Journal of
Agricultural Biotechnology and Sustainable Development

  • Abbreviation: J. Agric. Biotech. Sustain. Dev.
  • Language: English
  • ISSN: 2141-2340
  • DOI: 10.5897/JABSD
  • Start Year: 2009
  • Published Articles: 126

Full Length Research Paper

Genetic diversity of chickpea (Cicer arietinum L.) cultivars from Ethiopia by using ISSR markers

Tadele Temesgen Gubae
  • Tadele Temesgen Gubae
  • Department of Biology, College of Natural and Computational Science, Debre Markos University, P. O. Box 269, Debre Markos, Ethiopia.
  • Google Scholar
Yohannis Petros
  • Yohannis Petros
  • Department of Biology, College of Natural and Computational Science, Haramaya University, P.O. Box 138, Dire Dawa, Ethiopia.
  • Google Scholar


  •  Received: 08 March 2018
  •  Accepted: 31 July 2018
  •  Published: 30 September 2018

 ABSTRACT

Inter Simple Sequence Repeat (ISSR) markers were employed to reveal genetic diversity and relatedness among 27 chickpea (Cicer arietinum L.) cultivars in Ethiopia. Four di-nucleotide repeat primers amplified 24 clear and reproducible bands of which 22 were polymorphic (91.67%). The genetic variation among 27 chickpea cultivars including 12 kabuli and 15 desi verities is high; in which desi type exhibited a genetic diversity of 75% with Shannon index of 0.47, while the kabuli type chickpea had 91.67% genetic diversity and Shannon index of 0.50. Unweighted Pair Group of Arithmetic mean (UPGMA) dendrogram and NJ trees with Jaccard’s similarity coefficient showed three major clusters. This was also recovered by 3D principal coordinates analysis, although some cultivars were intermixed. Analysis of molecular variance (AMOVA) demonstrated highly significant (p < 0.001) genetic diversity within cultivars (97.71%) than among cultivars (2.29%). The distinct cultivars (Aererti, Tejie, Fetenech and Maryie) can serve as parents for future genetic resources conservation and Chickpea breeding program in Ethiopia.

Key word: Chickpea cultivars, genetic diversity, ISSR markers, Ethiopia.

 


 INTRODUCTION

Chickpea (Cicer arietinum) belongs to family Leguminosae and comprises 43 species; of which nine are annuals while others are perennial (Gautam et al., 2016). It is originated in south-eastern Turkey and adjoining Syria as primary centre of diversity at the Fertile Crescent, but now it is cultivated throughout the semi arid regions of the world (Thudi et al., 2016).

Chick pea, the only cultivated self pollinated species within the genus  Cicer,  is  a  diploid  plant  with 2n  =  2x = 16.  It ranks third among food legume production after common bean (Phaseolus vulgaris) and field pea (Pisum sativum), and second in area coverage among pulses grown in Ethiopia proceeded by faba bean (Varshney et al., 2013). There are two main types of chickpea cultivars: desi type and kabulitype chickpea grown in temperate regions and semi-arid tropics, respectively. In Ethiopia approximately, more than 85% of the area is covered with desi type;  whereas the rest of 15% is kabuli type (FAO, 2013). The cultivated species is found in West Asia and North Africa covering Turkey in the north to Ethiopia in the south, and Pakistan in the east to Morocco in the west (Aggarwal et al., 2015). Chickpea is valued for its high dietary protein content, ability to fix atmospheric nitrogen and the absence of major anti-nutritional factors (Gautam et al., 2016). This makes it an important component of cropping system and considered as a nutritious and healthy food.

Analysis of genetic diversity and population structure relatedness among germplasm is the key for successful breeding program, effective plant conservation and, for elucidating the genetic relatedness of crop species. This can be carried out by using different markers like morphological characters, biochemical and molecular methods (Atnaf et al., 2017). Molecular markers are widely used to study the genetic diversity, identify redundancies in germplasm collections, test accession stability and integrity, and resolve taxonomic relationships (Zulhairil et al., 2015). Molecular markers for assessments of genetic variation in plants have shown many advantages. They are neutral, not related to age and tissue type, and not influenced by environmental conditions, have feasibility and lower costs, and are more informative than morphological markers. Thus, molecular markers can be considered to be a more effective approach compared to morphological markers, to identify plant genotypes (Choudhary et al., 2013).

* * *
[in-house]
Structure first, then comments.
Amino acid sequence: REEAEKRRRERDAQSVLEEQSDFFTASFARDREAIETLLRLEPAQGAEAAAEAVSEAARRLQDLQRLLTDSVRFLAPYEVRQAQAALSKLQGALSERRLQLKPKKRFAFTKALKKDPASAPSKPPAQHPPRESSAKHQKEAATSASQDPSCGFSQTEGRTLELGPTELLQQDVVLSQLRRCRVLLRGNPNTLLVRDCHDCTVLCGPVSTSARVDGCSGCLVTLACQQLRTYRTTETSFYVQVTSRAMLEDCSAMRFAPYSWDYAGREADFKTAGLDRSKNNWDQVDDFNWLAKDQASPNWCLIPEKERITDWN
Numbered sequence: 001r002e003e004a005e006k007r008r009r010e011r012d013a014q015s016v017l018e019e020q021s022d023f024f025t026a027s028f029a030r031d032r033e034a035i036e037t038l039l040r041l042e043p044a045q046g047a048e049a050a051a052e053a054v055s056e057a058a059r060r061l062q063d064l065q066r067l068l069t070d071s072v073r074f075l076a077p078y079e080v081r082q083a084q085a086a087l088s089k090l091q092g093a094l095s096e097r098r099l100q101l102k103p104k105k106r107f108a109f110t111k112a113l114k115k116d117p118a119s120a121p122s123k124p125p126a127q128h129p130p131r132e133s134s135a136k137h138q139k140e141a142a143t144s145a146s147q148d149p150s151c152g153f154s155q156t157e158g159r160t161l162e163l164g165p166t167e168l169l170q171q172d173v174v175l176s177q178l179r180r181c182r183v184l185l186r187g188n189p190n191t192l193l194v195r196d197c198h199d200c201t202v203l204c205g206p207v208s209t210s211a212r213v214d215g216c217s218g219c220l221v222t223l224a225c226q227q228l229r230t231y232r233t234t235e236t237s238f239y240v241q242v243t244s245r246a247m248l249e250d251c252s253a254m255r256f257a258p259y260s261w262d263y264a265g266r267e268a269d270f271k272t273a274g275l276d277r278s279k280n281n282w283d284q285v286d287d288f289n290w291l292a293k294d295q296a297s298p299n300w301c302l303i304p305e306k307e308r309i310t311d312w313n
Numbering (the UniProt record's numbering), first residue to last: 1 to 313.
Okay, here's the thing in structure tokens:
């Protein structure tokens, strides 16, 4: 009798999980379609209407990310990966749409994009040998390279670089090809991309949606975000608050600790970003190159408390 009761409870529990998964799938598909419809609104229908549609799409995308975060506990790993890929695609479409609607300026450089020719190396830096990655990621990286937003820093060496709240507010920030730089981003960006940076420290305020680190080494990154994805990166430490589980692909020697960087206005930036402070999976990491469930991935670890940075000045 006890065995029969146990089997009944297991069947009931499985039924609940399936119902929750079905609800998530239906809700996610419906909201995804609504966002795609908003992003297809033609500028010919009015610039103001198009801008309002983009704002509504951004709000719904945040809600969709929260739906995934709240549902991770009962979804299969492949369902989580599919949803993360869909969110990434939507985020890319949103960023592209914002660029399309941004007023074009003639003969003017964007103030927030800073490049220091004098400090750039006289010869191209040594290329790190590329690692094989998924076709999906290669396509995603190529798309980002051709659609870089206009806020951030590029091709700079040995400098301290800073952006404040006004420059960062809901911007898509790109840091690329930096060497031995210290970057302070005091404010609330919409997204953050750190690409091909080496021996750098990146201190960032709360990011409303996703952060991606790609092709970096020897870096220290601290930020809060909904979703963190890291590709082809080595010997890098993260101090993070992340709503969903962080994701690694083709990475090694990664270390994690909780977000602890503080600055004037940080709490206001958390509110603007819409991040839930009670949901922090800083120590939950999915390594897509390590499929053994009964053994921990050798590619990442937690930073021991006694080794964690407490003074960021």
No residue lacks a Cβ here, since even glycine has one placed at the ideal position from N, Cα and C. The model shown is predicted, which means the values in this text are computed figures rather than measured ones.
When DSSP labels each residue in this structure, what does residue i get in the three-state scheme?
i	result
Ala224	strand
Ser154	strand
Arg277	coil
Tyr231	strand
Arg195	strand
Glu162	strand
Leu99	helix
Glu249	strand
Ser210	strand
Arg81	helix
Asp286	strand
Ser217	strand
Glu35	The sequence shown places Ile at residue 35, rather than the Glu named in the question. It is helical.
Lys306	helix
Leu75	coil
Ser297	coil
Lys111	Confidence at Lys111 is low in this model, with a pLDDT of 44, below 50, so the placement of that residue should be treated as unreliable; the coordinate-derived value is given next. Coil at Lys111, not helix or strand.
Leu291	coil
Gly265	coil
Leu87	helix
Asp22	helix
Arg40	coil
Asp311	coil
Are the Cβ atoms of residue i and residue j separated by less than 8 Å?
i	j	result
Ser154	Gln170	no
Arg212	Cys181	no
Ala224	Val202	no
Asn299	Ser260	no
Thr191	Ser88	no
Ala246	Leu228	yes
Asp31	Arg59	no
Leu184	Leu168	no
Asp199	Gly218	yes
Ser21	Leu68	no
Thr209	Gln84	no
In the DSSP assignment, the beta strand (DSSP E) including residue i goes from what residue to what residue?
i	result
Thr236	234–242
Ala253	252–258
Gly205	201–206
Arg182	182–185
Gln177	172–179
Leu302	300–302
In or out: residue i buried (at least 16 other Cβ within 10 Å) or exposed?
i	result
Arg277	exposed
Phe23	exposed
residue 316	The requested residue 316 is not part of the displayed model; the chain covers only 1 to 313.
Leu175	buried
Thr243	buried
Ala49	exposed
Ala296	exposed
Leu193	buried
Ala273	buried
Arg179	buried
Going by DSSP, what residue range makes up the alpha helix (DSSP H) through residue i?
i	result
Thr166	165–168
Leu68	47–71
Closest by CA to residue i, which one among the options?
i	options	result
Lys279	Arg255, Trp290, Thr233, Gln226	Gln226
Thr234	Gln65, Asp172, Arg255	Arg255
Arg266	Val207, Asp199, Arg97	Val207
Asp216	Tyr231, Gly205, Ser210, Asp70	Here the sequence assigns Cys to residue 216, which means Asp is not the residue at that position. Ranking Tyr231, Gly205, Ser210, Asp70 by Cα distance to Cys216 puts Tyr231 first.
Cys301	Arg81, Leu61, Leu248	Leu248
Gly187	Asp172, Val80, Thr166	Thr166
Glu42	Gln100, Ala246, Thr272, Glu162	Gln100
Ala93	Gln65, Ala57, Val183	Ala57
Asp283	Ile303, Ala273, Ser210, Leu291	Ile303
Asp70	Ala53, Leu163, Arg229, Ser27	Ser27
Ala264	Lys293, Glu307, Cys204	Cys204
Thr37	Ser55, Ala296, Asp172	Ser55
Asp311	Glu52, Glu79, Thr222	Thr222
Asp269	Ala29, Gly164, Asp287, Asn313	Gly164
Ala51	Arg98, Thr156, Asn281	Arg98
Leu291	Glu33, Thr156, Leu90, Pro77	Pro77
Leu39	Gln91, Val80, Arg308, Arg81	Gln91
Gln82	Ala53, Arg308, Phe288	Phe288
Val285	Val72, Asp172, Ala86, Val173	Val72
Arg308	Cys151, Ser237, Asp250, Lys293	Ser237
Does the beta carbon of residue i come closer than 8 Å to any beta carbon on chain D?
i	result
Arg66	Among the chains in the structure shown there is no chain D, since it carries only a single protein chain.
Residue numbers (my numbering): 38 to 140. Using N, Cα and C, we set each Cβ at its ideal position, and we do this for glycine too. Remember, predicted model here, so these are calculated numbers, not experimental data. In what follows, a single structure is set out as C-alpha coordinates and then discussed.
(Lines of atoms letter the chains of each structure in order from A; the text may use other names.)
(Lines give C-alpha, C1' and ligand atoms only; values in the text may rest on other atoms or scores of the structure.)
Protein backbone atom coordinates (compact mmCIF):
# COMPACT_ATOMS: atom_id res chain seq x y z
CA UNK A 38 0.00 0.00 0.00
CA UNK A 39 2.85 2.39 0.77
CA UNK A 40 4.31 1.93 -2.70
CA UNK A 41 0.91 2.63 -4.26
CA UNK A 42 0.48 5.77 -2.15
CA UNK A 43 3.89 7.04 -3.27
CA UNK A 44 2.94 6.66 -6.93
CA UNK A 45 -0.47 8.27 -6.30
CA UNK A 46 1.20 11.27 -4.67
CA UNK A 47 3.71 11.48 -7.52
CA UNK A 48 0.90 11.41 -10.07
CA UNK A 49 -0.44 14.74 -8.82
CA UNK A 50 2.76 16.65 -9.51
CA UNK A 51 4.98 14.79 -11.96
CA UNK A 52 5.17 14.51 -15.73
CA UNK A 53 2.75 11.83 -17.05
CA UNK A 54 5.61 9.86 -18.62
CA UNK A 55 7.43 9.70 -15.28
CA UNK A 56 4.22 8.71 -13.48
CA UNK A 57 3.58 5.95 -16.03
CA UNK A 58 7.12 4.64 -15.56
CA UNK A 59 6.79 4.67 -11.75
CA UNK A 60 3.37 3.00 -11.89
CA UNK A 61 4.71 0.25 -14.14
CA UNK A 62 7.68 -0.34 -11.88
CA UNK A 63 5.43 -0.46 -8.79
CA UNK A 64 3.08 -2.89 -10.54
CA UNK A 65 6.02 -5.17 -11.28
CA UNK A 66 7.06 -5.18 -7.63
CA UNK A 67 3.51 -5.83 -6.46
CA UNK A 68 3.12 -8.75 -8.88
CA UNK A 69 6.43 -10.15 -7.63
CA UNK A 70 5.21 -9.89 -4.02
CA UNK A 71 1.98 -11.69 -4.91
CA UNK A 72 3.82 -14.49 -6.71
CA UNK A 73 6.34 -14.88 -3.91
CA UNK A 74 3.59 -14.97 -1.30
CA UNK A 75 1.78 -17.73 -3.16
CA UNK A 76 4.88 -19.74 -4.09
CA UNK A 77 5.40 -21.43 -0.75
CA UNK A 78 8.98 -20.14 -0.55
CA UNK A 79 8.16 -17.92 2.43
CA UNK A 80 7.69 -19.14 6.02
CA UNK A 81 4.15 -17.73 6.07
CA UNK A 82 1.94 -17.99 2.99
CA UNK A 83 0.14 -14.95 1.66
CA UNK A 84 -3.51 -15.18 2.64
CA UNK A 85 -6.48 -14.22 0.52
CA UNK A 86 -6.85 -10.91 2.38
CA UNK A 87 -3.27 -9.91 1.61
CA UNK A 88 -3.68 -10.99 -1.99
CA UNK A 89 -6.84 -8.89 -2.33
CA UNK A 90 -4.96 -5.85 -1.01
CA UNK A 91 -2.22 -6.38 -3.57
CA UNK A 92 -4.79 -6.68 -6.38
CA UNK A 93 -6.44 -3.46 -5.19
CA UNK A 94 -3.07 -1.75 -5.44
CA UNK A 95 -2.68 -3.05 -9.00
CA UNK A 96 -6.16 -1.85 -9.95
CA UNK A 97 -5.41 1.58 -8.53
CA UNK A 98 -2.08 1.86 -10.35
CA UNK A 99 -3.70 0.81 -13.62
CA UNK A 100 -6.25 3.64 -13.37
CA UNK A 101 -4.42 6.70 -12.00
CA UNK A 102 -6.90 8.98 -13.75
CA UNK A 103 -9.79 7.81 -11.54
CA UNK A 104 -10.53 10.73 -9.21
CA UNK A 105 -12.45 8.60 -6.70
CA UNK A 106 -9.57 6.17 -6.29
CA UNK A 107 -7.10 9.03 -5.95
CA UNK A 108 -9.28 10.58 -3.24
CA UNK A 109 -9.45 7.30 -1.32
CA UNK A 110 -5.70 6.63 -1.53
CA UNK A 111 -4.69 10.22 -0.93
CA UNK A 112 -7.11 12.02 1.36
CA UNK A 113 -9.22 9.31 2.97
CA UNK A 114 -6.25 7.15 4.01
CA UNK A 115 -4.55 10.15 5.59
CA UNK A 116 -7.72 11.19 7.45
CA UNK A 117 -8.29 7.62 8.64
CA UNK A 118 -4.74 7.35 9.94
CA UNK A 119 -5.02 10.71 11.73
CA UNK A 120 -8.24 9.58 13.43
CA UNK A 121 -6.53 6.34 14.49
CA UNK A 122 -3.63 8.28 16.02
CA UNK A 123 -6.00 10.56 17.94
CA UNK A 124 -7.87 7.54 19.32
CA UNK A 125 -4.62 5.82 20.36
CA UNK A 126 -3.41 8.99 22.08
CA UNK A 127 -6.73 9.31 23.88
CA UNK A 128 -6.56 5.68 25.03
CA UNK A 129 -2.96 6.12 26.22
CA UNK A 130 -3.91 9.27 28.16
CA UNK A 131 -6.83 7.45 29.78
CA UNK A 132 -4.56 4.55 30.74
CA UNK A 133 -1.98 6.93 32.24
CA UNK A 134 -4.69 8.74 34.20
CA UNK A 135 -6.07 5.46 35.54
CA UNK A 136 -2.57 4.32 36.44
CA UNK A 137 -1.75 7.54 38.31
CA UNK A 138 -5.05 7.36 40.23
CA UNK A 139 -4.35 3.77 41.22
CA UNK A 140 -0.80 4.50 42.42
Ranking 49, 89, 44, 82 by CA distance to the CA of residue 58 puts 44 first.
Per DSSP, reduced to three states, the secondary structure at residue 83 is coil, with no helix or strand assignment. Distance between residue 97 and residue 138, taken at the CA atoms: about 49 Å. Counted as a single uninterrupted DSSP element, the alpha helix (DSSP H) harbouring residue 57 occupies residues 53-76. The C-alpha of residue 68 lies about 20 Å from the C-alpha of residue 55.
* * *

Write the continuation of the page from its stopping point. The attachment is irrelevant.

Moreover, polymerase chain reaction (PCR) based markers are currently available for genetic study this includes amplified fragment length polymorphism (AFLP), random amplified polymorph DNA (RAPD), simple sequence repeat (SSR) and inter simple sequence repeat (ISSR)   (Aggarwal et al., 2015). ISSR-PCR technique is a simple and quick method that combines the advantages of AFLP and RAPD. These sequences are abundantly dispersed throughout the genome and highly polymorphic in comparison with other markers. Due to their reproducibility, no gene sequence information required prior genetic studies and ISSR markers were used in this study (Deepankar et al., 2014).

The genetic diversity of released chickpea cultivars were not studied in Ethiopia at molecular level beyond their productivity through conventional breeding, this may lead to erosion of novel genes used for biotic and abiotic stresses tolerance. Therefore, this study aimed to assess the genetic diversity and relationship among Ethiopian chickpea cultivars, in order to provide basic information for future genetic resource conservation and chickpea breeding program.

 


 MATERIALS AND METHODS

Plant materials

In this study, 29 cultivated chickpea cultivars consist of 14 kabuli type and 15 desi type varieties collected  from  3  High  Land  Pulse Crop Improvement Programs / DebrZiet, Holeta and Sirinka/ in EIARC were used (Table 1). Among these Holeta ARC varieties were breeding lines. Ten chickpea seeds of each cultivar were sown in 20-25 cm diameter plastic pots containing black vertisol soil with organic manure and watered daily.  Unfortunately, two of the kabuli type cultivars (Akuri and ICC-4973) spoiled by powdery mildew were excluded from the analysis. Five grammes (5 g) of healthy and young leaf samples were harvested and dried in silica gel.

 

 

DNA extraction

DNA was extracted using Invisorb® spin plant mini kit extraction protocol (Robert, 2009) with slight modifications in concentrations, incubation and centrifugation period at genetic research laboratory of Addis Ababa University. The isolated DNA quality was checked on 0.83% agarose gel electrophoresis under UV light trans illuminator BioDoc Analyzer apparatus and the gel picture was taken. Genomic DNA samples with high band intensity were selected for PCR analysis as seen in Table 2.

 

 

ISSR analysis